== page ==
Furthermore, we must point out a major origin problem in the notion that Anarchy is utopian. If Anarchy cannot “work,” then government itself, which must obviously have been created from a state of Anarchy, also cannot “work.” How can an unworkable system produce a workable system? The reverse can happen, of course. A skilled carpenter can create a botched piece, but an unskilled carpenter cannot create a masterpiece. If the initial Anarchist state of affairs was “unworkable,” then where was the potential in this “unworkable” society to create the “order” of government? This destroys neatly the argument that Anarchy is utopian while statism is not.

If we are to state the case clearly, we can say this. Statism is the belief that a group of people, who possess all the guns and all the legitimacy, able to make all the rules for itself, will not want to exploit its subjects. Instead, they will act completely altruistically and help fulfill the values of their subjects.

And we know from reality that it ain’t so. This is a Big Lie. Statism is utopian to the extreme, and we need to hammer that on every opportunity we get.

11 thoughts on “Statism is utopian.

  1. johnpetrie April 3, 2008 at 22:44

    Fantastic post, Francois. This is why I have a blog post category on my blog called Unrealistic. I haven’t written much about this issue, but it is completely true that Statists are the ones guilty of Utopianism, not anarchists. Unless, of course, an anarchist claims everything would be just perfect and happy in a free society; that could never be true of any human society, ever.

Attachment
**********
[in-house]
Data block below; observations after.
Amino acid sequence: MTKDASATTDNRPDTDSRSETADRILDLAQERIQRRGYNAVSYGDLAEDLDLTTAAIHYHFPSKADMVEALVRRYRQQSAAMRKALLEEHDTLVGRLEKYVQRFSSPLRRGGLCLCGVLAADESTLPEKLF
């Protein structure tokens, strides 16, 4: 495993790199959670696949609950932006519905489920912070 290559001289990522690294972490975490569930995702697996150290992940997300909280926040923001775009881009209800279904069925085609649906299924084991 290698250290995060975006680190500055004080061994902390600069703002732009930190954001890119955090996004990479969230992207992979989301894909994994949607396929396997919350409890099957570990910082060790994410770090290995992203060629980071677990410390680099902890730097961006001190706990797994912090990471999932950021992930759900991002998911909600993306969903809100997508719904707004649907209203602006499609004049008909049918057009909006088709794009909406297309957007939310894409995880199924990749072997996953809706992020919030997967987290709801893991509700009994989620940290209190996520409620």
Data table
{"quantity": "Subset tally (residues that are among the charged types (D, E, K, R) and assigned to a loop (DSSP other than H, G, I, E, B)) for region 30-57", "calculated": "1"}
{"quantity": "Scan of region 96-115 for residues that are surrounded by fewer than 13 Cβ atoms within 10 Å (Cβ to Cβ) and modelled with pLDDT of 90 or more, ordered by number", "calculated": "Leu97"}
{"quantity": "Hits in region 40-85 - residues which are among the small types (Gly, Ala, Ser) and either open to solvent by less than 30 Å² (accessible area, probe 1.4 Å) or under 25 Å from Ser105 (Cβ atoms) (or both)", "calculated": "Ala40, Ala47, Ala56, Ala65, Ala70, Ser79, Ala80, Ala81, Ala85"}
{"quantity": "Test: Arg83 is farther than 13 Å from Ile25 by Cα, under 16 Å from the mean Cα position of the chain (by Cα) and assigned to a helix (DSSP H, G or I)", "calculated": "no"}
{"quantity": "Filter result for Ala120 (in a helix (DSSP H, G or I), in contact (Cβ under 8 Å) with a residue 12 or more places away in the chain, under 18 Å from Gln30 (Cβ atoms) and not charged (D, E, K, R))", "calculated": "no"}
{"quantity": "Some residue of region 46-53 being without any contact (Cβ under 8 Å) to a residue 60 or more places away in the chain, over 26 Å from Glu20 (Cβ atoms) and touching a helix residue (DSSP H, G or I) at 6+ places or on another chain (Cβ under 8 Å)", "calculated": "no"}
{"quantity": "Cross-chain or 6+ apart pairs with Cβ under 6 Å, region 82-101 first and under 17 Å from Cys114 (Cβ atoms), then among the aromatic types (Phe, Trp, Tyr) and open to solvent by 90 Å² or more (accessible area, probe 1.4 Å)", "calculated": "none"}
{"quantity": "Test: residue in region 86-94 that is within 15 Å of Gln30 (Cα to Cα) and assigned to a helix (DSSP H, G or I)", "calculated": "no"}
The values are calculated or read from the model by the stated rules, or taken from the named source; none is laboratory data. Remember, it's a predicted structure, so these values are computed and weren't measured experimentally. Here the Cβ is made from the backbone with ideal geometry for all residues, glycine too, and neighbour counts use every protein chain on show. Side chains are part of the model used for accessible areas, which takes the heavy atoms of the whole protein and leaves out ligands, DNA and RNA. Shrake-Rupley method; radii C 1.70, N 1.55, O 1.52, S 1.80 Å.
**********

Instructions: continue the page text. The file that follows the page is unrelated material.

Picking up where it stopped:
Your post reminded me of three quotes from famous anarcho-capitalists, which you echoed quite eloquently. Rothbard said, “In fact, the libertarian would reason that the fact that human nature is a mixture of both good and evil provides its own particular argument in his favor. For if man is such a mixture, then the best societal framework is surely one in which evil is discouraged and the good encouraged. The libertarian maintains that the existence of the State apparatus provides a ready, swift channel for the exercise of evil, since the rulers of the State are thereby legitimated and can wield compulsion in ways that no one else is permitted to do.”

    Gene Callahan wrote, “Contra the author of one of The Federalist Papers, who wrote, “If men were angels, no government would be necessary,” I have always believed that if men were angels, the state might be acceptable. It is precisely our non-angelic nature that makes the power of the state too dangerous for any human to possess.”

    The third one isn’t so much a quote, but actually a sort of graphical or tabular representation of Statism vs. anarchism in an article by Robert Higgs for the Independent Institute (http://www.independent.org/newsroom/article.asp?id=1982). His “figure 2” in that article is a table that says: If men are angels, then either a State or anarchy is OK. But if men are not angels, then anarchy is a bad situation but a State is a worse situation.